Siberia (Russian: Сиби́рь see-BEER') is a region in Russia. Historically, the term Siberia includes all Russian territory in north Asia, with the Urals and the Russian Far East; this article however only covers the Siberian Federal District.
|Western Siberia (Altai Krai, Altai Republic, Khakassia, Kemerovo Oblast, Novosibirsk Oblast, Omsk Oblast, Tomsk Oblast)|
|Krasnoyarsk Krai (Evenkia, Krasnoyarsk, Taymyria)|
|Eastern Siberia (Buryatia, Zabaykalsky Krai, Irkutsk Oblast, Tuva)|
- 1 Lake Baikal. The pearl of Siberia. It is the deepest and one of the purest lakes in the world.
- See also: Russian Empire, Soviet Union
The name is of Turkic origin, "su" (water) and "bir" (wild land). With an area of nearly 10 million sq km., Siberia is vast. While the popular view of Siberia is of howling Arctic wastes dotted with penal colonies, the truth is more complex. The west of Siberia is covered by a swampy plain, the central plateau is heavily forested, and the east has mountains soaring to above 3,000 m. Only the extreme north is true tundra, where temperatures can reach -68°C in winter. The Siberian people, like most indigenous Asian Russians, are more closely related to Turkic peoples or to the Inuit than to Slavic Russians. However, during the Soviet times the government spent money to attract Europeans to Siberia's larger cities. Today the Slavs form a majority in the urban areas while the rural areas remain largely populated by the indigenous Siberian people.
The Turkic languages spoken in Siberia are varied, with many unique dialects. Almost any place Russian is speakable and understandable. English is rarely spoken except for a handful of young people, and even then, Russian is more popular.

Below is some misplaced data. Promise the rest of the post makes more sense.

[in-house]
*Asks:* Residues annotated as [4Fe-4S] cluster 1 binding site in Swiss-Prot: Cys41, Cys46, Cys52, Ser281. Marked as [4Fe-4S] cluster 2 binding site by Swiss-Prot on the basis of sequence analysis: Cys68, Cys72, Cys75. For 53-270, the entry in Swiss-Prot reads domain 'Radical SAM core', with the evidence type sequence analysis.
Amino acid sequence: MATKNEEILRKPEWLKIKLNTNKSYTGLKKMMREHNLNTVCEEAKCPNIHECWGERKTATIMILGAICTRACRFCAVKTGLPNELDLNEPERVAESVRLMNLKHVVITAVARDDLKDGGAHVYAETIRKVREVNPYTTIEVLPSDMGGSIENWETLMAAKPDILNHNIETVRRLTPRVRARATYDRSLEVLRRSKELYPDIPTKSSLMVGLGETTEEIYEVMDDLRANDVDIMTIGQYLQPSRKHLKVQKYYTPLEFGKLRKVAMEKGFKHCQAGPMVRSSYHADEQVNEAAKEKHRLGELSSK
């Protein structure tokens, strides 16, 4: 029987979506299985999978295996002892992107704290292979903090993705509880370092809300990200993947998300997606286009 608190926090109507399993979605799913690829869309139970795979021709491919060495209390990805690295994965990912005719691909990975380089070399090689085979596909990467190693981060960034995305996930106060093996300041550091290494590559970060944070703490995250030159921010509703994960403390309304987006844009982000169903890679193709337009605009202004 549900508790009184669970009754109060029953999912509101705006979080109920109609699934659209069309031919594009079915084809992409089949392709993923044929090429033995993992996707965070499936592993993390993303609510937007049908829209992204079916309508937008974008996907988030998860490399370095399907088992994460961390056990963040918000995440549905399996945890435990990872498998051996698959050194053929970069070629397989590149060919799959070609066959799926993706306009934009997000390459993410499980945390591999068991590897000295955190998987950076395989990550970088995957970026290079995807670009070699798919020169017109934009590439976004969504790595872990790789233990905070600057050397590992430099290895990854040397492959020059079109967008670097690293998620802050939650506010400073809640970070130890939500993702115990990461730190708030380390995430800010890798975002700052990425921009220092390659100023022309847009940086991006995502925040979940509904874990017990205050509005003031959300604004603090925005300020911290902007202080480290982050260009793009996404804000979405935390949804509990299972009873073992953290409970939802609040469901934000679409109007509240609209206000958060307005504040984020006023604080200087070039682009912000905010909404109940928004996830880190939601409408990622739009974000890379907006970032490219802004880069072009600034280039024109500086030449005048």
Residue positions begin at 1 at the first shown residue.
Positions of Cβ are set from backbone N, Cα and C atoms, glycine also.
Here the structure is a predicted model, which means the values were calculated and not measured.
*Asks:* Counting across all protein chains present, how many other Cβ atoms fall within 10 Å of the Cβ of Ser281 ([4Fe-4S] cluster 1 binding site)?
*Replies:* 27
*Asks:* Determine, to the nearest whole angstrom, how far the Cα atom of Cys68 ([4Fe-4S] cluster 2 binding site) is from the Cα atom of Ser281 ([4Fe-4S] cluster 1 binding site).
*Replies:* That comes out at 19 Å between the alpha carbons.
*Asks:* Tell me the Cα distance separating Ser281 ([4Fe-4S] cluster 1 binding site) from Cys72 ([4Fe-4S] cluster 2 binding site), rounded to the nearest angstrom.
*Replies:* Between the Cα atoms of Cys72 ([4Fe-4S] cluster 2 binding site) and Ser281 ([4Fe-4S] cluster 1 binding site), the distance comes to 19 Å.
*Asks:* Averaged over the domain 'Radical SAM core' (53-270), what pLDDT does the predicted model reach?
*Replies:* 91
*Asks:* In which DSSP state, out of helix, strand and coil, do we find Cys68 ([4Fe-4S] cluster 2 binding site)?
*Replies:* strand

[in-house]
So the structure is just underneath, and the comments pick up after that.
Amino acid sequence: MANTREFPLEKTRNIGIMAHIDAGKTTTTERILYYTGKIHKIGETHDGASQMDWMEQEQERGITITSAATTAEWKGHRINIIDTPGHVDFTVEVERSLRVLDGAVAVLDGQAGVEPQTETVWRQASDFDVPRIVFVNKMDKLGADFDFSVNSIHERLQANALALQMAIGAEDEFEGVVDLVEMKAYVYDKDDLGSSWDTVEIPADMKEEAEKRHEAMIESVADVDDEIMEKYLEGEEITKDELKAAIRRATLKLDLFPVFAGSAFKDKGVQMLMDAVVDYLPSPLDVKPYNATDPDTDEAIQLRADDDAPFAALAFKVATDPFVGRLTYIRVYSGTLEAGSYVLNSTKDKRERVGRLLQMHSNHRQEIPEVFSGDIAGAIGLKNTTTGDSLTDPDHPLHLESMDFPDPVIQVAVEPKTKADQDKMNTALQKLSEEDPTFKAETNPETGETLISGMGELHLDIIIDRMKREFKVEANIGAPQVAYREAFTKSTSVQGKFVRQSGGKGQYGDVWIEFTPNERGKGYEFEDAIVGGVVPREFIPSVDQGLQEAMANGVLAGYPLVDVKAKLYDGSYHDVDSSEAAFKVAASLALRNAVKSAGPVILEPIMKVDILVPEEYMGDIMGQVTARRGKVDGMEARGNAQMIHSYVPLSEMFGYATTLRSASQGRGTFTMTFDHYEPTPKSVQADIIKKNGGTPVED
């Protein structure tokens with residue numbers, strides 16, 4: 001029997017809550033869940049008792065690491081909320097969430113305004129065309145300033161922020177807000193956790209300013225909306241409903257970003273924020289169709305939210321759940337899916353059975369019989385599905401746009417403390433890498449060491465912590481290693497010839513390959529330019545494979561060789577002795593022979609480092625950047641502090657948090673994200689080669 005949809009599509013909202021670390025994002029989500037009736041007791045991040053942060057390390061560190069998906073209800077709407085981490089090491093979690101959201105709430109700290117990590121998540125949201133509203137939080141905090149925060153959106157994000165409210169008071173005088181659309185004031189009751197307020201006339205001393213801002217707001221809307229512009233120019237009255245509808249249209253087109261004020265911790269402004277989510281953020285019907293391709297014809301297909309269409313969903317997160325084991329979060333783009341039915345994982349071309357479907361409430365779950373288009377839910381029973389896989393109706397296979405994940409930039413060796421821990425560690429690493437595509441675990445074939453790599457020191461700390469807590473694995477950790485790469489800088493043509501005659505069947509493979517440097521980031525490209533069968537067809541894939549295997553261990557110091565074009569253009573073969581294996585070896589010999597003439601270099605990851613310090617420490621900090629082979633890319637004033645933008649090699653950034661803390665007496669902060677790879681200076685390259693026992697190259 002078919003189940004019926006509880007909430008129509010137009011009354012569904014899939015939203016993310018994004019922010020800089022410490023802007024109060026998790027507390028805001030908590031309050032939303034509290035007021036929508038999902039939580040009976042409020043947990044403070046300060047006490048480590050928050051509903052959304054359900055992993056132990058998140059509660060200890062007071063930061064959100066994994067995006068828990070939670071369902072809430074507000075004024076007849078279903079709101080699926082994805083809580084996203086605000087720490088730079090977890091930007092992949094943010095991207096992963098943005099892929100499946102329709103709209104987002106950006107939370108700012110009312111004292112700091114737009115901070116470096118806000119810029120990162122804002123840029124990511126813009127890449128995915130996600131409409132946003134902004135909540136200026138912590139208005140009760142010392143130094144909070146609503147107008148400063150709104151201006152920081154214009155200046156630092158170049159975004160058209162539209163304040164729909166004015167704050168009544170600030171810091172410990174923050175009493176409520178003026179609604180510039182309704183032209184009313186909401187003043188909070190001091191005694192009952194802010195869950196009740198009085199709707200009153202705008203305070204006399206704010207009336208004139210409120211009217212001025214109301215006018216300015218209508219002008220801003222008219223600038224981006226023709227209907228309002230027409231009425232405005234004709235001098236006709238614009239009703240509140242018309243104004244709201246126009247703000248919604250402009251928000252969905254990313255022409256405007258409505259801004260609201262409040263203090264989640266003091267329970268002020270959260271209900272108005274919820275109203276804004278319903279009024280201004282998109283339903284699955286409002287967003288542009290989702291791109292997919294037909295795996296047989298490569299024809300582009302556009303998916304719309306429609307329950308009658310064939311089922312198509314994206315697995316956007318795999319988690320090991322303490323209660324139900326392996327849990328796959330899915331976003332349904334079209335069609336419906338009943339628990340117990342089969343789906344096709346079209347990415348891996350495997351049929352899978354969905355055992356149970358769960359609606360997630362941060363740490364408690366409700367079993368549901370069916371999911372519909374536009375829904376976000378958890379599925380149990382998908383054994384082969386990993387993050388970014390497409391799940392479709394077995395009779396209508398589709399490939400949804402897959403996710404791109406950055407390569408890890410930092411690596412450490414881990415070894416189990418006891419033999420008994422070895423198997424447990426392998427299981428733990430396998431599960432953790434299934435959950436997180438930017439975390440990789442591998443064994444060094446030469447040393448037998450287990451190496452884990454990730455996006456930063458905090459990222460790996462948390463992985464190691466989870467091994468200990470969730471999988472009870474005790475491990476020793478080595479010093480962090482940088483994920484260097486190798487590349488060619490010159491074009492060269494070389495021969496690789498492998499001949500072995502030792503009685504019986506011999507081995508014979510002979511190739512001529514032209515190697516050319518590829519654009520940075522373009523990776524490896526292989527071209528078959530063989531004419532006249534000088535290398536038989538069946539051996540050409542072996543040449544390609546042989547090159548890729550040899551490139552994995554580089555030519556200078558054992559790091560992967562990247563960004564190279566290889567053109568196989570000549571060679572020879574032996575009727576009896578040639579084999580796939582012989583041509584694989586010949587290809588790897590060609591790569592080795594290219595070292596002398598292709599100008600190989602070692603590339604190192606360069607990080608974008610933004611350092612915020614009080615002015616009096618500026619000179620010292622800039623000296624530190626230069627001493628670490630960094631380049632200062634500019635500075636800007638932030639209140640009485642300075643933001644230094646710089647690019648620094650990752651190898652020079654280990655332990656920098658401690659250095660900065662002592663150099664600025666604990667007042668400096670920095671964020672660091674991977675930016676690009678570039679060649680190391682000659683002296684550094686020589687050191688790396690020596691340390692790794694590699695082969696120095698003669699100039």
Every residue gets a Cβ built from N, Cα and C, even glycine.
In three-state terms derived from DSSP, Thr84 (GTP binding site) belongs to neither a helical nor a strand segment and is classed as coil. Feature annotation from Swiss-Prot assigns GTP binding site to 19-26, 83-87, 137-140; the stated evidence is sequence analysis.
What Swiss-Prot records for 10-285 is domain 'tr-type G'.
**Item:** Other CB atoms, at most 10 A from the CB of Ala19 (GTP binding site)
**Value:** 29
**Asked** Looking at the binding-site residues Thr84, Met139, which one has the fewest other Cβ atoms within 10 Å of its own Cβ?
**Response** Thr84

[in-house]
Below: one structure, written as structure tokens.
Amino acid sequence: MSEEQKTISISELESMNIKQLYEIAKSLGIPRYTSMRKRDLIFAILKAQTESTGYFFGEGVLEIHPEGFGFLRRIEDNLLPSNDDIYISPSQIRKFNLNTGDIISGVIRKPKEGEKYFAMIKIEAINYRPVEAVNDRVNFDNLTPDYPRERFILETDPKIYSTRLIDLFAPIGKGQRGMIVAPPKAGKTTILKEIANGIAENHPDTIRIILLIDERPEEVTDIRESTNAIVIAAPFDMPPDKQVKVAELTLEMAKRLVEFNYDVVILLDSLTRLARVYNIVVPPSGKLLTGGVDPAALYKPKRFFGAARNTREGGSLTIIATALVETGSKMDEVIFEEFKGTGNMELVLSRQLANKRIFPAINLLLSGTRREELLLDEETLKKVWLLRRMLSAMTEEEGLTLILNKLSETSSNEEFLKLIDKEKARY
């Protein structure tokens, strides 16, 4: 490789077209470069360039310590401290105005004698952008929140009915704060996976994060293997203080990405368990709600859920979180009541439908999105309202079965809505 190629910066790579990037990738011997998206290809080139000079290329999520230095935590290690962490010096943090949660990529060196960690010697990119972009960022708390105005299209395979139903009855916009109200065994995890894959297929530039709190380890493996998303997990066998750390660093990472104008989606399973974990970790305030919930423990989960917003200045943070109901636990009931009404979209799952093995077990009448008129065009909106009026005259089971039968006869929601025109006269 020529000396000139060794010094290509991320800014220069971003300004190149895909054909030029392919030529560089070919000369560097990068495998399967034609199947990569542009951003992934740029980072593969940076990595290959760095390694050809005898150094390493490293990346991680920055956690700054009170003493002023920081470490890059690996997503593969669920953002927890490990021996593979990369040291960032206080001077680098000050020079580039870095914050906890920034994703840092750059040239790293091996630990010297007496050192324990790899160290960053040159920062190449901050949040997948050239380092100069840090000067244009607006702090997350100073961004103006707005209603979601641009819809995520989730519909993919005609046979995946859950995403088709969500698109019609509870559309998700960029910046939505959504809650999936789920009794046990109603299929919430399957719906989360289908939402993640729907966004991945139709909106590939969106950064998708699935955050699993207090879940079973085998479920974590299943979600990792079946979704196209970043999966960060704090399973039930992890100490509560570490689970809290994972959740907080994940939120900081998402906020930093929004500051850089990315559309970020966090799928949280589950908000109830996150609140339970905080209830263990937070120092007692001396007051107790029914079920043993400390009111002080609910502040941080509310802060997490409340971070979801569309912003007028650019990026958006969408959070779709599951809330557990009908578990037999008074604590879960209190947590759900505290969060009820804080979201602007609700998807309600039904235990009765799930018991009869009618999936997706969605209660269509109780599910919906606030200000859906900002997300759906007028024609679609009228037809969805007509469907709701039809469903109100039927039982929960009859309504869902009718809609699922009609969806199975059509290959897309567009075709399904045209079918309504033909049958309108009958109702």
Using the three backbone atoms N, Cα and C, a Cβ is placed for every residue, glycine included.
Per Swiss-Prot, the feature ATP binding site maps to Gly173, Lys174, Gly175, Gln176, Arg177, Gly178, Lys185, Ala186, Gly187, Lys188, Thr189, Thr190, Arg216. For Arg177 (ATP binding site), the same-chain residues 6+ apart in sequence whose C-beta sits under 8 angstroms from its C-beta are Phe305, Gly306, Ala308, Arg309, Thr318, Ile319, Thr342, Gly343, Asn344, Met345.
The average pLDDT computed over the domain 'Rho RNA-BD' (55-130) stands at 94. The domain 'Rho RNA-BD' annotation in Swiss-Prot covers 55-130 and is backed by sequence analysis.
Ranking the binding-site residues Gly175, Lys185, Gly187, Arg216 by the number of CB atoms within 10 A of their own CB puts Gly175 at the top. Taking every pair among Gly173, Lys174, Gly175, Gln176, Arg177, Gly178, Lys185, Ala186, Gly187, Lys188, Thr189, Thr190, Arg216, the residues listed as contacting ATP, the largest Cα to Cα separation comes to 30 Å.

The Trans-Siberian Railway, connecting Moscow to Vladivostok, is by far the most famous method of transportation in Siberia. Covering a distance of 9,289 kilometres, making it one of the longest railways in the world, the full trip takes over 6 days and crosses 8 time zones. Its branches the Trans-Manchurian and Trans-Mongolian connect to Beijing in China, the first directly, the second via Ulaanbaatar in Mongolia.
Less famed is the Baikal-Amur Mainline (BAM), a northern line running parallel to the Trans-Siberian for 4,234 km. Completed only in 1991 and built mostly for military reasons, further away from the border of China, the BAM is less popular with tourists.
The Trans-Siberian Highway, an unofficial grouping of seven Russian federal highways, open the path for a 11000km cross-country journey from St. Petersburg and Moscow to Vladivostok. The last section, the Amur Highway, was paved in 2010.
Primarily natural attractions.
- Mountainous Altai (Gorny Altai) - this region of Siberia is very popular among eco tourists. Mountaineering and mountain rivers' rafting are wide spread here. The area is famous for its stunning scenery.
- Ethnic Khanty Nomad Camp, Kazym
- Ethnic Mansi Nomad Camp, Yasunt
With its vast areas of wilderness, Siberia is a challenging destination for outdoor life.
- Mushroom picking
- Downhill snowsports
- Whitewater rafting
- Cross country skiing
- Dog sledding
- Reindeer herding
- Nature observation
- See also: Russian cuisine
- Vodka (водка) and tea (чай)